Months before California allows the sale of marijuana for recreational use, the state has launched an education campaign about the drug, including highlighting the potential harms of cannabis for minors and pregnant women.



Claims mislead about California forcing jail time for using wrong transgender pronoun

PolitiFact California

A bill to prevent discrimination of LGBT seniors in California’s long-term care homes is one step from becoming law. It passed the Legislature this month and now sits on Gov. Jerry Brown’s desk.


Sentence Enhancements: Next Target of Corrections Reform?

Public Policy Institute of California

Senate Bill 180, which has passed through the legislature and is currently on the governor’s desk, aims to change a sentence enhancement related to dealing drugs. The bill would repeal the three-year enhancement for a prior conviction related to drug sales, except in cases where a minor is used in the crime. The repeal would affect just 2.3% of the people who entered prison between October 2015 and September 2016. In light of the state’s efforts to downsize its prison and jail populations, however, the bill’s passage could create momentum for similar reforms.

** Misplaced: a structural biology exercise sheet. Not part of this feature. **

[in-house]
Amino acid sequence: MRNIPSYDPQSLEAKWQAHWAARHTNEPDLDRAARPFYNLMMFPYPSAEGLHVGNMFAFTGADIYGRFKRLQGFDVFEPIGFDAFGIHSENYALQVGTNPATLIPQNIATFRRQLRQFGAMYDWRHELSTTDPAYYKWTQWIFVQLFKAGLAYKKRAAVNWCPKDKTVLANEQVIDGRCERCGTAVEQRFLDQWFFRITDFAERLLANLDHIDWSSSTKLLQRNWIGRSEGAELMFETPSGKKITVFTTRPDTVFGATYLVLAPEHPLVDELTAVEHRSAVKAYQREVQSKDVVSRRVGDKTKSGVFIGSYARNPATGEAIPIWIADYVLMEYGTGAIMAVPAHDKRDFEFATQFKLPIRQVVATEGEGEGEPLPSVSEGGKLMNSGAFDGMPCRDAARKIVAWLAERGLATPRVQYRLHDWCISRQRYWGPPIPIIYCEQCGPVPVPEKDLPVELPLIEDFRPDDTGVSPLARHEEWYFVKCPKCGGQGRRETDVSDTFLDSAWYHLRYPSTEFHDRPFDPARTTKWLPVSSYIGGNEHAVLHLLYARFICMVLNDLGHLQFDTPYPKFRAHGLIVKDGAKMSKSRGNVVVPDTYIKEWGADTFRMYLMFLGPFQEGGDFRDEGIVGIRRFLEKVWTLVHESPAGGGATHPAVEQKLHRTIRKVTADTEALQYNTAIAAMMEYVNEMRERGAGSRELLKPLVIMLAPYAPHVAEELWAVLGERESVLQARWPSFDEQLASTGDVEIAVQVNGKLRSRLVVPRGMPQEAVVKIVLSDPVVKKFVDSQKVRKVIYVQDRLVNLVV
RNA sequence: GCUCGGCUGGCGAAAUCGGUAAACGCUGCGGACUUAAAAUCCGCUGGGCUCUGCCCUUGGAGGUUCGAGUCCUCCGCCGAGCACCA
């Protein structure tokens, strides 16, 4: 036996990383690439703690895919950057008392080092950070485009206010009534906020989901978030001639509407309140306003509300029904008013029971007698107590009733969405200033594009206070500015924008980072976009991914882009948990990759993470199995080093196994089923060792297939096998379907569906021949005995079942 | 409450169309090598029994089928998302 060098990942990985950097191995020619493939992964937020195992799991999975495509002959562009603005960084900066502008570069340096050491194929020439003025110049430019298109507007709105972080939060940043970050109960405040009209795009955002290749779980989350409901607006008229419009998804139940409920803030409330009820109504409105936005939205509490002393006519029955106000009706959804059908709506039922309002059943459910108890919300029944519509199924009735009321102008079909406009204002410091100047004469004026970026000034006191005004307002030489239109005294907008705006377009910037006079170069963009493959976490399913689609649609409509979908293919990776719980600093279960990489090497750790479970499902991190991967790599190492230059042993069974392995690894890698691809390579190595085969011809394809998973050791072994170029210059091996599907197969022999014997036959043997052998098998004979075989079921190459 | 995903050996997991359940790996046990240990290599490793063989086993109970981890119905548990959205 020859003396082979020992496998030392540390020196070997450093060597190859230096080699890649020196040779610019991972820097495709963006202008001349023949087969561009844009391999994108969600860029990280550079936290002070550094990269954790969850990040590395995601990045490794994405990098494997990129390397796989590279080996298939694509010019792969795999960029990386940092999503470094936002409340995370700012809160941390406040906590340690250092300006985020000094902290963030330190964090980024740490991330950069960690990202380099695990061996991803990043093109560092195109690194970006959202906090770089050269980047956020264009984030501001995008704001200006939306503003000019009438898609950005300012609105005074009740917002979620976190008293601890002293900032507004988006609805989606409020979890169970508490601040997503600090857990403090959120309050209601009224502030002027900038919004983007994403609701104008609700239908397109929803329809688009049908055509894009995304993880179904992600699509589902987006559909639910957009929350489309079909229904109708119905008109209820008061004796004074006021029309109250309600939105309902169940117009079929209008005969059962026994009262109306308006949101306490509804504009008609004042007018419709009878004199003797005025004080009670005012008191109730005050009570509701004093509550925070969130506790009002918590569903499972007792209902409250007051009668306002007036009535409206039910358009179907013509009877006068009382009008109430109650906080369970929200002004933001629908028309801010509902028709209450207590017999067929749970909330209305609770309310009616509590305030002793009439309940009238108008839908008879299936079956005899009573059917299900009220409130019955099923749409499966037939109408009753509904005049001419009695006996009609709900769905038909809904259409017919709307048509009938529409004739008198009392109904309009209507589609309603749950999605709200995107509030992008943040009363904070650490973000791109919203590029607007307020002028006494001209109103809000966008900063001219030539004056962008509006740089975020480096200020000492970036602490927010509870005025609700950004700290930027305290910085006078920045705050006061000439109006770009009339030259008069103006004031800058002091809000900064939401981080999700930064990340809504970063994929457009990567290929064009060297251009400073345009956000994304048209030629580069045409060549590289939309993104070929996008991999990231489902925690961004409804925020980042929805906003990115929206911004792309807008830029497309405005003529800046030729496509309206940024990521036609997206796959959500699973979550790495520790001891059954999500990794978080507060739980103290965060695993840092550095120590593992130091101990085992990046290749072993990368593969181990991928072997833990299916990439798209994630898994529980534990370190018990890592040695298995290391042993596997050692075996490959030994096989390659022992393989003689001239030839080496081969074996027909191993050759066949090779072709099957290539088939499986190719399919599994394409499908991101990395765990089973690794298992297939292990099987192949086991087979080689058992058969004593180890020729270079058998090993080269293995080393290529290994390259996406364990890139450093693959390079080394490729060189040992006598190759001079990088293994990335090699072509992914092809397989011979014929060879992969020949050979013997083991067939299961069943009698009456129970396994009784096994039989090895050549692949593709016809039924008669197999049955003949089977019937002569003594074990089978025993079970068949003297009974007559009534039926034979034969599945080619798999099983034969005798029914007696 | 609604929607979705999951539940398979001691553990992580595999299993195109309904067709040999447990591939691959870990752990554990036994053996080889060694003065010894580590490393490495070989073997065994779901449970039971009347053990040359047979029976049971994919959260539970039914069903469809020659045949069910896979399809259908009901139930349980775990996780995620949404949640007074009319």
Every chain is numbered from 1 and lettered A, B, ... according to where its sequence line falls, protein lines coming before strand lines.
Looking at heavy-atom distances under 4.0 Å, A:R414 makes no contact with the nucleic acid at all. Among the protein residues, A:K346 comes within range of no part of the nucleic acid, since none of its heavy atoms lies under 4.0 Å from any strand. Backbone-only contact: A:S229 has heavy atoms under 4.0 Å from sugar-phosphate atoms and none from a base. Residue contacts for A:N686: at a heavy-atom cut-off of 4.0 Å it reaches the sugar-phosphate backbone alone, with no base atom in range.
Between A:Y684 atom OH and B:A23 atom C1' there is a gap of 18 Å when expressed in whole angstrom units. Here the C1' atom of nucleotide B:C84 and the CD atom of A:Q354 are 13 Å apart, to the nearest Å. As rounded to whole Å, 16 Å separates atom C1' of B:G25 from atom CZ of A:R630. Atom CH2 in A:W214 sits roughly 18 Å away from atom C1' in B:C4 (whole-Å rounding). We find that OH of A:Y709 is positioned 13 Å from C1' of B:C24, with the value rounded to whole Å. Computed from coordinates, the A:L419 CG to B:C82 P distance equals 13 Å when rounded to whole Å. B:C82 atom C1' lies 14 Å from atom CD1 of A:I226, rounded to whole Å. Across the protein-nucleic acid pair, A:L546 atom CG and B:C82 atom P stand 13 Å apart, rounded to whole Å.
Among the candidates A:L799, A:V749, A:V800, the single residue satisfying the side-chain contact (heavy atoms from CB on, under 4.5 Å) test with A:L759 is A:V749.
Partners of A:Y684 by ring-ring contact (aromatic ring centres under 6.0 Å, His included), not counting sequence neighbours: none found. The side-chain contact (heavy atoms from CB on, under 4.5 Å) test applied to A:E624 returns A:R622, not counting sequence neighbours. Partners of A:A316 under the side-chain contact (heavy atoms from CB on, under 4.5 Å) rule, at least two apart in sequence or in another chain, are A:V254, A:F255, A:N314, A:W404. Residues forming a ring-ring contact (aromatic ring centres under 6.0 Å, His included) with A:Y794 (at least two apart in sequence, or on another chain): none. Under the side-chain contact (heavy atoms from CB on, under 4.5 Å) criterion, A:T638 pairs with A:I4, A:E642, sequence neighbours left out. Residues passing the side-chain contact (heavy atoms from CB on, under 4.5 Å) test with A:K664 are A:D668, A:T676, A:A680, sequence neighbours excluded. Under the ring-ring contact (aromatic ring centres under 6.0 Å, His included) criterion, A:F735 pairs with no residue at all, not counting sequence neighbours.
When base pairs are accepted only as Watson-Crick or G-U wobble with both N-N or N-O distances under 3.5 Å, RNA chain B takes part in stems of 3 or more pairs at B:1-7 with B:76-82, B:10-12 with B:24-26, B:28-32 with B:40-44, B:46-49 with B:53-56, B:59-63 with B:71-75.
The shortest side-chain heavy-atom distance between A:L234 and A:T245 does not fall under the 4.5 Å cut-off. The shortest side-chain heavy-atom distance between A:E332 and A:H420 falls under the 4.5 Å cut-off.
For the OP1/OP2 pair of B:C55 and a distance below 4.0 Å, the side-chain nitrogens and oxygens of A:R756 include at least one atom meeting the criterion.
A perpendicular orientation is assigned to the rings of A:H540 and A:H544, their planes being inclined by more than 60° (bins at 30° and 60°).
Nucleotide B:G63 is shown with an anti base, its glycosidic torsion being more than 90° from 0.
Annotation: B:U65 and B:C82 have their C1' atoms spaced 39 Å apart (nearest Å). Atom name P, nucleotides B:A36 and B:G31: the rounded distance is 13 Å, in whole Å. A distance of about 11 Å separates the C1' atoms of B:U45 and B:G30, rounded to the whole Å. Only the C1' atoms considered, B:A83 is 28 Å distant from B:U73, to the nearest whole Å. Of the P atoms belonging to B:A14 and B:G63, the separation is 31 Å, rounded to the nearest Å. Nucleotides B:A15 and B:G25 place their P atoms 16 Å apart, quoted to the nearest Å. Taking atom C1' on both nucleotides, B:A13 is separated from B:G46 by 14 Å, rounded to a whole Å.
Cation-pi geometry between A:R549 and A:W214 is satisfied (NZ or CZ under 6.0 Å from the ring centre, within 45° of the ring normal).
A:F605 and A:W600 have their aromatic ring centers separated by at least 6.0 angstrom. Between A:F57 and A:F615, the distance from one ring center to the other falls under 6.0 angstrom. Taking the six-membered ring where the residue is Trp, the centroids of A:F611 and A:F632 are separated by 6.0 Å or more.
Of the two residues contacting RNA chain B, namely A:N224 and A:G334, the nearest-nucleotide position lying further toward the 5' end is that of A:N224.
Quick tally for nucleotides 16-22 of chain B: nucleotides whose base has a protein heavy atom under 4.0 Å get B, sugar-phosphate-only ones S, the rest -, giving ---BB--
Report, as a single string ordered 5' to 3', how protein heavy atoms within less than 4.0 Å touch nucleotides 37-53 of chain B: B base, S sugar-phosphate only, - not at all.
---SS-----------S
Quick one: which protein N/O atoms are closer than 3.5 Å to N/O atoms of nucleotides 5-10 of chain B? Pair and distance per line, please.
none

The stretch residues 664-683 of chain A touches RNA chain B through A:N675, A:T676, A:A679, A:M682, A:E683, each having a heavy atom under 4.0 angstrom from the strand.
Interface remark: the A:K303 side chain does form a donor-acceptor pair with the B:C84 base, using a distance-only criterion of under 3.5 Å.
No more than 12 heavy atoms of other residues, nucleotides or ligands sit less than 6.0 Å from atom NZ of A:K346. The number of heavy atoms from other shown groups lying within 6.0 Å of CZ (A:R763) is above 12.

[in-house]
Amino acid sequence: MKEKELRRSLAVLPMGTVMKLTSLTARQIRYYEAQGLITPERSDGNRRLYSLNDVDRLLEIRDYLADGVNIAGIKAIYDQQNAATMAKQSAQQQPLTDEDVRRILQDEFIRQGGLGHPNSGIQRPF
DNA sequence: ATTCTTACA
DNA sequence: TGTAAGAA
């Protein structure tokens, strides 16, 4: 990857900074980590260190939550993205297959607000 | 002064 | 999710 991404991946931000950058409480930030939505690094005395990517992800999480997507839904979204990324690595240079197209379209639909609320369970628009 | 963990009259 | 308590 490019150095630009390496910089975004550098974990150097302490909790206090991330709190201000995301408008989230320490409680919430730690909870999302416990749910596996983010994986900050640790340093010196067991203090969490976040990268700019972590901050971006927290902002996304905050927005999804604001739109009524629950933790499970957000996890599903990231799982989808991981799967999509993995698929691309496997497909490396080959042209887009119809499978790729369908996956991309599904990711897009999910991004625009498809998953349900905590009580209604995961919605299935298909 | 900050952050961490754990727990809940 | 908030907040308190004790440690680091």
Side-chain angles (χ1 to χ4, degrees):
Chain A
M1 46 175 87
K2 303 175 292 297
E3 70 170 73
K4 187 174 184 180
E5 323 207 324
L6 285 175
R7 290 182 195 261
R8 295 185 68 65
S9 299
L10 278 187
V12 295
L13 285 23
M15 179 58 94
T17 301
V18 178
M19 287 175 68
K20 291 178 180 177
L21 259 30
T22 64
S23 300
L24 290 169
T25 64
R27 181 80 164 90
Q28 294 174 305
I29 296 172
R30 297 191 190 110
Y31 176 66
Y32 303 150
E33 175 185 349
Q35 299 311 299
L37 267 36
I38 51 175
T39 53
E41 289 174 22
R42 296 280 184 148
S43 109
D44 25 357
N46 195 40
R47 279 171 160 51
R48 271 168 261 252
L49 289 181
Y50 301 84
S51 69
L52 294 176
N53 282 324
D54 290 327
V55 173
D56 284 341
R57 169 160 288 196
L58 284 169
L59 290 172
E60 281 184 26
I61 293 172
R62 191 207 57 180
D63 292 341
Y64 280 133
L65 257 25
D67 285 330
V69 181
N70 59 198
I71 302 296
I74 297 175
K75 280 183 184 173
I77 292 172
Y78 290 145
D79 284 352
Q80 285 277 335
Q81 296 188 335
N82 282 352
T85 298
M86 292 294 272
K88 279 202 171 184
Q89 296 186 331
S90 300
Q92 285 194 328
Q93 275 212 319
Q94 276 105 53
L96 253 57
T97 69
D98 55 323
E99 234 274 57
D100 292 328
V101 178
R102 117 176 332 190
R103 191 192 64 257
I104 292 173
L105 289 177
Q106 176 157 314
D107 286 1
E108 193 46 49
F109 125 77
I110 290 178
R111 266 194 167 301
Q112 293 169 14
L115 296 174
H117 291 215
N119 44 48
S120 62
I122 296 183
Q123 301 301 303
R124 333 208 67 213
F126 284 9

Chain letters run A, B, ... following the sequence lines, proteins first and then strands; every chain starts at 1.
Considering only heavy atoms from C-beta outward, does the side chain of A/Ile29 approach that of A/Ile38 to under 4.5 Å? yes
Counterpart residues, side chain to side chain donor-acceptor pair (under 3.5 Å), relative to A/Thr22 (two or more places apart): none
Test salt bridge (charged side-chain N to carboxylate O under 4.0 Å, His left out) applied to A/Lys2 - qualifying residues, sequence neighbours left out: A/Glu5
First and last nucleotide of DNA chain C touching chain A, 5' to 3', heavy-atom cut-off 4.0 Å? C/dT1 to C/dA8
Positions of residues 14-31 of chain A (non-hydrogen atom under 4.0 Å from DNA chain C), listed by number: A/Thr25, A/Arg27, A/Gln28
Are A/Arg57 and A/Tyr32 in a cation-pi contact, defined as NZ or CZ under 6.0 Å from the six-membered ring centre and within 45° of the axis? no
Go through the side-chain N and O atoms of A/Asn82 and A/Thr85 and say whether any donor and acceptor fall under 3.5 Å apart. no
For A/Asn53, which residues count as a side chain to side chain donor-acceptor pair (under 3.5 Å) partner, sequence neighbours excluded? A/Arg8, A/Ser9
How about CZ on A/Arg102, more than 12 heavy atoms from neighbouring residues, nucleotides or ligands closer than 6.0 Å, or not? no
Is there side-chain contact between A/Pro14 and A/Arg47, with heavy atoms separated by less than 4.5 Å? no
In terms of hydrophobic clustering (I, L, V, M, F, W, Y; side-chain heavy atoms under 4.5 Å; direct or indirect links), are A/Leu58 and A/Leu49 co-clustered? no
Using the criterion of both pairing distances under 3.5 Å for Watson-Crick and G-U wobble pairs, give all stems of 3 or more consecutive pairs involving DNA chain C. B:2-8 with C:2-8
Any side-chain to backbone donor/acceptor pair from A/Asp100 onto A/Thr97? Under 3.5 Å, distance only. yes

Amid uncertainty, San Diego-Tijuana group touts NAFTA’s benefits

The San Diego Union-Tribune

An anxious delegation of business leaders and elected officials from San Diego and Baja California gathered in the nation’s capital this week, seeking answers on the future of the North American Free Trade Agreement as negotiations for the treaty’s update have entered a third round.


Record inequality: The top 1% controls 38.6% of America’s wealth

CNN Money

The richest 1% of families controlled a record-high 38.6% of the country’s wealth in 2016, according to a Federal Reserve report published on Wednesday.



Elevate CA: More empowered workers needed to grow California’s middle class


Businesses with increased employee decision-making are more stable and profitable Read More





Scores flat in 3rd year of California’s Smarter Balanced tests …


Statewide student results on the standardized tests measuring knowledge of the Common Core standards were essentially flat in 2016-17, after a year of strong gains.

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Fresno, Valley students’ results on state test scores

The Fresno Bee

Fresno County students are doing better academically this year, but still are falling behind most of the state, according to test scores released Wednesday by the California Department of Education.


CUSD experiences rise in math, english language scores for third straight year

Clovis Roundup

Clovis Unified School District students continue to excel in both mathematics and English language arts as test scores continue to climb in Year 3 of California’s Smarter Balanced Assessments.


Fresno district raises substitute teacher pay amid strike talk

The Fresno Bee

Substitutes stand to earn $500 a day as Fresno Unified School District prepares to recruit replacements in the face of a possible teachers strike.


CUSD transforms former ITT Tech building into professional development and health center